In the autumn of 1990 the Victoria Vistas were riding high in the Canadian Soccer League. They had rallied from an atrocious debut in 1989 to finish high-mid-table in the regular season, then knocked off the Winnipeg Fury on penalties in the first round of the playoffs. The mid-dynasty Vancouver 86ers beat Victoria on away goals in the semi-final but, especially in hindsight, there was nothing shameful about that. Victoria boasted local talent, led by veteran Canadian international Ian Bridge, and a few foreign stars like former Aston Villa skipper Allan Evans. Head coach Bruce Wilson, already a national legend from the 1986 World Cup and a Canada West champion coach with the University of Victoria, led a steady improvement throughout his first full season as a professional boss. It was a very good year.
Fans walked away from 1990 expecting more in 1991. But by March the Vistas were dead. Their players went in a dispersal draft, Wilson went back to UVic full-time, most of the locals dropped to the amateur ranks. The long story of Victoria soccer would go on, from the return of Victoria United to the Pacific Coast Soccer League, through the storied Vancouver Island Soccer League, all the way to USL PDL’s Victoria Highlanders, but this was all strictly local stuff. Victoria, one of Canada’s most soccer-mad cities, was deprived of the professional game for a generation.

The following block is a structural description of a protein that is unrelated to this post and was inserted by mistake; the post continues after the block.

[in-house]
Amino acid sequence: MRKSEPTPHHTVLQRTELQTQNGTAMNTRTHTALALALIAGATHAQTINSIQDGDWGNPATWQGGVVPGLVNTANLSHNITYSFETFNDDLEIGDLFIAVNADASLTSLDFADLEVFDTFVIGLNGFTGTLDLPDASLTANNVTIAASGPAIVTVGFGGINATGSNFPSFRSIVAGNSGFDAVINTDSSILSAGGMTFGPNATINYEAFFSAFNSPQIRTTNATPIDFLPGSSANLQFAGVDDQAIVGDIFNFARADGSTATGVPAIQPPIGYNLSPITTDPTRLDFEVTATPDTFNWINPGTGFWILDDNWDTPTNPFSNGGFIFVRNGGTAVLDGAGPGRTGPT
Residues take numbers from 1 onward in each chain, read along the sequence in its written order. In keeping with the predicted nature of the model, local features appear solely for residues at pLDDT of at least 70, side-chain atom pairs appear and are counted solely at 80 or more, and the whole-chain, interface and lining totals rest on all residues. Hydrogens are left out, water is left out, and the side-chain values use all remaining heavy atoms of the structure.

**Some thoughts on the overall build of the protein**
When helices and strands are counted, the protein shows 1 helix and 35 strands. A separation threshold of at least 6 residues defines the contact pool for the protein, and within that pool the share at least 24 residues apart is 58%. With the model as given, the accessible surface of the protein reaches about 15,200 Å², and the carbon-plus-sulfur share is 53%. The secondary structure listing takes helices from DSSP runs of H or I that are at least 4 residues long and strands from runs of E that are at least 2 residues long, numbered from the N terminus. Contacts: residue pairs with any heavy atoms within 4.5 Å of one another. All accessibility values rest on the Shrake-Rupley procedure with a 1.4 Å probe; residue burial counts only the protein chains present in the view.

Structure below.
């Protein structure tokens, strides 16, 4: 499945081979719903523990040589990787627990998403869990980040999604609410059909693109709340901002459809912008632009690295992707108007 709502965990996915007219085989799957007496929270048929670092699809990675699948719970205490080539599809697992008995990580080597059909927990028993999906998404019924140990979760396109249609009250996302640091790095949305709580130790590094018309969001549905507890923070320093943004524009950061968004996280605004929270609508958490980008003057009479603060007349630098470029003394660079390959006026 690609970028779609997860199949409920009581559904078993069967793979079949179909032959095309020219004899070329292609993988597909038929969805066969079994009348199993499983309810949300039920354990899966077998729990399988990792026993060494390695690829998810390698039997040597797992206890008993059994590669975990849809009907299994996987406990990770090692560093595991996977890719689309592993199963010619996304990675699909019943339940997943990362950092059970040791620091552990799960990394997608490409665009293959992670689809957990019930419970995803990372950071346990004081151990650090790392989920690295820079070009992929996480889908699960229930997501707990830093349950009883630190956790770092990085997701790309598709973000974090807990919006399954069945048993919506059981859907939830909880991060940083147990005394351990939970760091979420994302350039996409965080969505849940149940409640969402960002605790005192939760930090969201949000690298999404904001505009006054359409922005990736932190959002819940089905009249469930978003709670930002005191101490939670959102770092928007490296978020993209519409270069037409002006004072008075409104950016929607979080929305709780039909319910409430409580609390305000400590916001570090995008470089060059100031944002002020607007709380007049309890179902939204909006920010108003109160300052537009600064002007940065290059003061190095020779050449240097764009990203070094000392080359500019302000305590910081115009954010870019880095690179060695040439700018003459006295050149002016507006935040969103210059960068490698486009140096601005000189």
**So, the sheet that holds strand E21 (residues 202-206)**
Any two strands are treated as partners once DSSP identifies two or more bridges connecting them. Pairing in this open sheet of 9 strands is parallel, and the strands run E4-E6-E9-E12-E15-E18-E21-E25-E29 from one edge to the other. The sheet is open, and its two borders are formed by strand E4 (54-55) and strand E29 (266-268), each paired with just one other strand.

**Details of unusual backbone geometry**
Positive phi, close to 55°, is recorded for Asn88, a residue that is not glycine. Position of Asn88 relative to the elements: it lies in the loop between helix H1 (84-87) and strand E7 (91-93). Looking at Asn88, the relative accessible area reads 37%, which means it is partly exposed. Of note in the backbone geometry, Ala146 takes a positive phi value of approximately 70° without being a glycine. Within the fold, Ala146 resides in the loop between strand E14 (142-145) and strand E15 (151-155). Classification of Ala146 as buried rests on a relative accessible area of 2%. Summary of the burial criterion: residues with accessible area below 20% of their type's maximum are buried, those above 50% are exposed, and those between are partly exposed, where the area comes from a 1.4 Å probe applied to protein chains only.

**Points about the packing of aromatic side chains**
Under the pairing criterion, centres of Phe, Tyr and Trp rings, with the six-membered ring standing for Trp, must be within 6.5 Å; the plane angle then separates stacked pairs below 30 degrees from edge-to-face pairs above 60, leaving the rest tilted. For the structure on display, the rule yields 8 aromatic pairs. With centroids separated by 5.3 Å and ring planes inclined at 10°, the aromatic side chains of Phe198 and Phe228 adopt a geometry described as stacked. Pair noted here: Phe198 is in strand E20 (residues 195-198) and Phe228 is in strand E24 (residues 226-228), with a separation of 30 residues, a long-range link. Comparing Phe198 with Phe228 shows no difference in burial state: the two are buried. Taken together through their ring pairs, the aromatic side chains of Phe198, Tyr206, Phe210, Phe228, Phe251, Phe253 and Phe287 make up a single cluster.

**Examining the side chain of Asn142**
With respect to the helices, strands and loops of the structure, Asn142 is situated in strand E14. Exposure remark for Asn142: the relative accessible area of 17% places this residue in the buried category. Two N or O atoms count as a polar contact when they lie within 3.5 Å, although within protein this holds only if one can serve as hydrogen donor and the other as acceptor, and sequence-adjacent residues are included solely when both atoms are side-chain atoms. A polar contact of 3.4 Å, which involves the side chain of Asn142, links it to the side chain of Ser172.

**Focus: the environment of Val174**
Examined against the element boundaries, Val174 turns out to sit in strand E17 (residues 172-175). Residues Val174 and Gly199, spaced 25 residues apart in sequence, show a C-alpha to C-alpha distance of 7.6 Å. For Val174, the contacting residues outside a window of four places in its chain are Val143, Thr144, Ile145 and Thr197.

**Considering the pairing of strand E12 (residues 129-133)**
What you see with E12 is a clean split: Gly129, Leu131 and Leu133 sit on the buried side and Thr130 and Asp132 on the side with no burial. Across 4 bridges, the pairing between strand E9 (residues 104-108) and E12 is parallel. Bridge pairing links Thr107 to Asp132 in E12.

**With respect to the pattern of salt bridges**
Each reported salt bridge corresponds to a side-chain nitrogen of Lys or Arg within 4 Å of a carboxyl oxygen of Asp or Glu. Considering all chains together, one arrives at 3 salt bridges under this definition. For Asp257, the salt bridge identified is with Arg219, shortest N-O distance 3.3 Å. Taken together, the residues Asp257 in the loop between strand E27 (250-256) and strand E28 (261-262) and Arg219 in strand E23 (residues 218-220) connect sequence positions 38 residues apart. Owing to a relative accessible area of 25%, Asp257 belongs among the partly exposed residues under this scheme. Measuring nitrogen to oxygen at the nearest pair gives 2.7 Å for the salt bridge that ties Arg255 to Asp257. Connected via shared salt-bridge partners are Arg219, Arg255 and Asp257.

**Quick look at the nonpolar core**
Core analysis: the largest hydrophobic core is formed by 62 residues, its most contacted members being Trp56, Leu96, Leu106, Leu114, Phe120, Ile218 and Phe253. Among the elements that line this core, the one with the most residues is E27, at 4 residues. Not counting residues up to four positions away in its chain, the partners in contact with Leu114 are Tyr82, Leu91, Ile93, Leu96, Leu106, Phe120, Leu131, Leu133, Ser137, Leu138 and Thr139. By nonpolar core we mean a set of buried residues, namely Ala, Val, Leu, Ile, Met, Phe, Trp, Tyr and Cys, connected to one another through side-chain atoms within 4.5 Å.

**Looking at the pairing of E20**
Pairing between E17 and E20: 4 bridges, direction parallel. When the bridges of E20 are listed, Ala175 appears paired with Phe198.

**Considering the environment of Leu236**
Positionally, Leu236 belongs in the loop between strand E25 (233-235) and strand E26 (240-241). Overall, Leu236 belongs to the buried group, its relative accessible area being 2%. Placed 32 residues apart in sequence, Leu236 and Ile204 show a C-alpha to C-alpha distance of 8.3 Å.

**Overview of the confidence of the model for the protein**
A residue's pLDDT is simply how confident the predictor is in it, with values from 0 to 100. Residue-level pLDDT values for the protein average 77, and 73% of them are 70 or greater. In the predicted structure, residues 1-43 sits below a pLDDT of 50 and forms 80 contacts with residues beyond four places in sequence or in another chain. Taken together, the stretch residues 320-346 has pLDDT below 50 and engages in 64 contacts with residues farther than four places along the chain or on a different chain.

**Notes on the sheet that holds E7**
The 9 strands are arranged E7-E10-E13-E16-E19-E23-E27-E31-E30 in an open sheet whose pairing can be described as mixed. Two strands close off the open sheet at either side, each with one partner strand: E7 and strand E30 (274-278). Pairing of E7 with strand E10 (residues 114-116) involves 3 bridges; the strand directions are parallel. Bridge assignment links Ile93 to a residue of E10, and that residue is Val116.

On July 20, 2018, that finally changed when former Canadian internationals Josh Simpson and Rob Friend unveiled the Victoria area’s new Canadian Premier League team, Pacific FC. The new team is a backup plan after Friend’s attempted “Port City” greater Vancouver team couldn’t find a stadium, they’re playing in the suburb of Langford rather than Victoria soccer’s spiritual home at Royal Athletic Park, and the city is delighted anyway. The Victoria Highlanders’ supporters group, the Lake Side Buoys, are getting behind Pacific FC with hardly a flicker of doubt. Some diehard Highlanders supporters have waited for this moment longer than their future players have been alive.
It’s a beautiful story. It is also far from unique.
The Nova Scotia Clippers played one CSL season in Dartmouth, didn’t win a thing, and went away, but like Victoria, Halifax soccer has always punched above its weight. In the years since Nova Scotia has produced several professionals two national amateur championship teams. Now the CanPL Halifax Wanderers have an exciting “pop-up” stadium on historic ground and the most amazing grassroots supporters group that actually anticipated their team’s name. Winnipeg has been without professional soccer since 1992 and their PDL team has been bad, but fans there will turn out in the hundreds just to look at Desiree Scott and their CanPL team has already registered over 1,200 would-be season ticket holders.